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ASA Hosts Summit to Discuss Data Science Curricula for Two-Year Colleges

1 August 2018 942 views No Comment
Peck

Peck

Gould

Gould

Seventy-three representatives from two-year colleges, four-year colleges and universities, government, and industry gathered in May to discuss the future of data science education at two-year colleges.

Funded by the National Science Foundation in an award to the American Statistical Association, the Two-Year College Data Science Summit (TYCDSS) took place in the facilities of Booz Allen Hamilton (BAH) in Arlington, Virginia, May 9–10. The summit, convened by the ASA, included representatives from professional associations such as the American Mathematical Association of Two-Year Colleges (AMATYC), Association for Computing Machinery (ACM), and Mathematical Association of America (MAA). The summit also included those who have been working to develop educational pathways in data science, including the Park City Math Institute Undergraduate curriculum guidelines, National Academy of Sciences undergraduate report on data science, and Oceans of Data Institute’s profiles of big data and data science practitioners.

Steering Committee Members
Rob Gould, University of California at Los Angeles (program co-chair)
Roxy Peck, California Polytechnic State University, San Luis Obispo (retired) (program co-chair)
Beth Hawthorne, past-chair of the ACM Committee for Computing Education in Community Colleges and vice chair of the ACM Education Board
Nicholas Horton, Amherst College
Randy Kochevar, Oceans of Data Institute
Brian Kotz, Montgomery College and chair of the AMATYC Data Science Subcommittee
Mary Rudis, Great Bay Community College
Brad Thompson, Delaware Technical Community College
Heikki Topi, Bentley University

ASA staff support included Donna LaLonde and Steve Pierson, who served as the NSF award principal investigator.

The primary goal of the summit was to develop sample curricula that could be used to guide the development of future programs. Discussions focused on the key principles and practices that would be appropriate for the following three pathways/themes:

  • Two-year degrees intended for transfer to four-year colleges and universities
  • Two-year degree programs intended for students who wish to go directly into the workforce
  • Certificate programs intended for professional development

The secondary goals of the summit were to summarize the current state of data science/analytics programs at two-year colleges, identify challenges in establishing such programs at two-year colleges, and identify necessary resources for two-year colleges when creating a data science/analytics program.

The goals of the summit were met through active discussion and engagement. Participants were split into six discussion groups, with two groups devoted to each of the themes. Each discussion group had representatives from the communities above, when possible. Groups were charged with generating program outcomes and defining the intended student audience. Time was given for inter-group discussions and feedback.

A number of key themes emerged from the process. All agreed there is need for a workforce capable of analyzing, storing, managing, and sharing data. The consensus of the participants was that two-year colleges will play an important role in filling this need. Several participants spoke to the demand of hiring great numbers of data professionals at the associate level in the near future, and, in particular, thought this need required a system of strong data science programs at two-year colleges.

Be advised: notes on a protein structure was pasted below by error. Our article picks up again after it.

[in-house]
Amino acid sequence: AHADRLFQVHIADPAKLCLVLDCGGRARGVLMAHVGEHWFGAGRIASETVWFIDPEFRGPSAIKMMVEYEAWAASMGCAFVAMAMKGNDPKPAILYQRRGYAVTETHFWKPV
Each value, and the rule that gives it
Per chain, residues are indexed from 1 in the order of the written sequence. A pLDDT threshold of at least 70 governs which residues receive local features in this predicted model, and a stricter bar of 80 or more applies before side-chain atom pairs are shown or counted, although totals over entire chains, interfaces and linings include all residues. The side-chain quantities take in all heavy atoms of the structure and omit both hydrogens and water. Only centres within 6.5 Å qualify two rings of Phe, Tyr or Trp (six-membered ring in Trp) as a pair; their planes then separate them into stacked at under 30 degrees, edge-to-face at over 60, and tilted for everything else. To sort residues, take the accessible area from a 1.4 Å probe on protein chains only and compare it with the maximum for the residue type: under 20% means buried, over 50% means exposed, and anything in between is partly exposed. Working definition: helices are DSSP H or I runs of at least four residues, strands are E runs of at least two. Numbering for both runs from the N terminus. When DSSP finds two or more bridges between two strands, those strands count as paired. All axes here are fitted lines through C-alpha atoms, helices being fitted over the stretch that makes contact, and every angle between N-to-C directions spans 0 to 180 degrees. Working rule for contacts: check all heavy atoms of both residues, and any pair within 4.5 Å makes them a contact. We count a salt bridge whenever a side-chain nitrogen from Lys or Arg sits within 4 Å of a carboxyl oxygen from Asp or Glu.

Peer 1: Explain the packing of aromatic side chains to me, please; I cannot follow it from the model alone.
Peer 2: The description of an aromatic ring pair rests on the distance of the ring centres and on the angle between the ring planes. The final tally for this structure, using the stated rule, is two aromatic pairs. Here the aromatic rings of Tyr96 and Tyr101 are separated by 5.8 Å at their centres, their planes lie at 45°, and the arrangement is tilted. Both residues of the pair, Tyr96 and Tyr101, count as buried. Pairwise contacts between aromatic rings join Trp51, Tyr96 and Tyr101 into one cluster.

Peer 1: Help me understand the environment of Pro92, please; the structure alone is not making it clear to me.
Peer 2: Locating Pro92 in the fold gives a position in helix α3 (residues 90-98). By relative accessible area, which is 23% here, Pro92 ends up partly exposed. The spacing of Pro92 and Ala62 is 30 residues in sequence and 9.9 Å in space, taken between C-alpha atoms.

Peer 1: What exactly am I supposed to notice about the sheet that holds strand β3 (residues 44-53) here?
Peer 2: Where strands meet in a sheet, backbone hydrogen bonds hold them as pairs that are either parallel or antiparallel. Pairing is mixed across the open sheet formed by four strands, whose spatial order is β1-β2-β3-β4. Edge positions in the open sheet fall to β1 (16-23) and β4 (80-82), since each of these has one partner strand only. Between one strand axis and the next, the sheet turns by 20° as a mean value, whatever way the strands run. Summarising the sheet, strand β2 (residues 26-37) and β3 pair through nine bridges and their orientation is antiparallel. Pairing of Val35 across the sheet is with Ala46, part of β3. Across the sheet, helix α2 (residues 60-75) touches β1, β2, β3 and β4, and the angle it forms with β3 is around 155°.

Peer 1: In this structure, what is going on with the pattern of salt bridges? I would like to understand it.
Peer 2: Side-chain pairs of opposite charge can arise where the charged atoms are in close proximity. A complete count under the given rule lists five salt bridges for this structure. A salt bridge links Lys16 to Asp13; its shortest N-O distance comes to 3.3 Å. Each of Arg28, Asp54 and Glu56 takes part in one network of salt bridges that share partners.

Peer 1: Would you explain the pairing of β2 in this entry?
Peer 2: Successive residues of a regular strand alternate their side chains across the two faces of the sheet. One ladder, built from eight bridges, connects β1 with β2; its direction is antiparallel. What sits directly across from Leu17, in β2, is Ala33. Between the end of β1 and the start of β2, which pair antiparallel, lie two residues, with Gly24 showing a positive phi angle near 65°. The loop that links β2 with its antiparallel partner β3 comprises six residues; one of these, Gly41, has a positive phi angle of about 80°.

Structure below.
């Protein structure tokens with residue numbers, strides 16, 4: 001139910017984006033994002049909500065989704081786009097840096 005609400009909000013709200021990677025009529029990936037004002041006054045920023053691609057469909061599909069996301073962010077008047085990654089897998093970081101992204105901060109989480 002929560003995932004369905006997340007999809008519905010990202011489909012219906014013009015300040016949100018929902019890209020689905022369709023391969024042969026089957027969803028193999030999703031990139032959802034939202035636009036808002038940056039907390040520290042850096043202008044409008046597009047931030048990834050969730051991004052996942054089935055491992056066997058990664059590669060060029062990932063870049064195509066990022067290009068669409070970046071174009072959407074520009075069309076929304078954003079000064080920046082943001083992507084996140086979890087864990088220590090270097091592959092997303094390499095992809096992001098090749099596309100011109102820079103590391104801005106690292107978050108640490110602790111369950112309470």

After welcoming comments from program co-chairs Rob Gould of the University of California at Los Angeles and Roxy Peck—retired from California Polytechnic State University, San Luis Obispo—as well as NSF program officer Corby Hovis, Sallie Keller—founder and head of the Virginia Tech Social and Decision Analytics Laboratory and 2006 ASA president—gave a kick-off plenary talk. She began her undergraduate education at a two-year college and transferred to complete a bachelor’s degree before subsequent graduate training. Keller described the data science work her laboratory does and how it demonstrates the societal importance of statistics and data science.

Photo by Nicholas Horton Two-year college data science student Antonela Duni provides her perspective at the summit.

Photo by Nicholas Horton
Two-year college data science student Antonela Duni provides her perspective at the summit.

Photo by Nicholas Horton Sallie Keller, who started her undergraduate career at a two-year college, delivers the keynote for the summit.

Photo by Nicholas Horton
Sallie Keller, who started her undergraduate career at a two-year college, delivers the keynote for the summit.

Antonela Duni, a student and spring 2018 graduate of Great Bay Community College—one of the first colleges to offer a certificate in data science—provided the student perspective. Aaron Burciaga, vice president of data science and artificial intelligence at Booz Allen Hamilton, also spoke to the group, sharing his enthusiasm for two-year colleges providing data science training. Additionally, fellow BAH employee and prominent data scientist Kirk Borne participated in the entire summit.

Writing groups are formulating reports of the three themes, with drafts expected this summer. The organizers have also set up a Google Group for participants and others to share resources and work to build a broader network of educators.

Participants were enthusiastic about the summit, for its usefulness—both in content and networking—and organization. Many urged it be an annual workshop to foster the growth of the emerging community interested in two-year college data science education.

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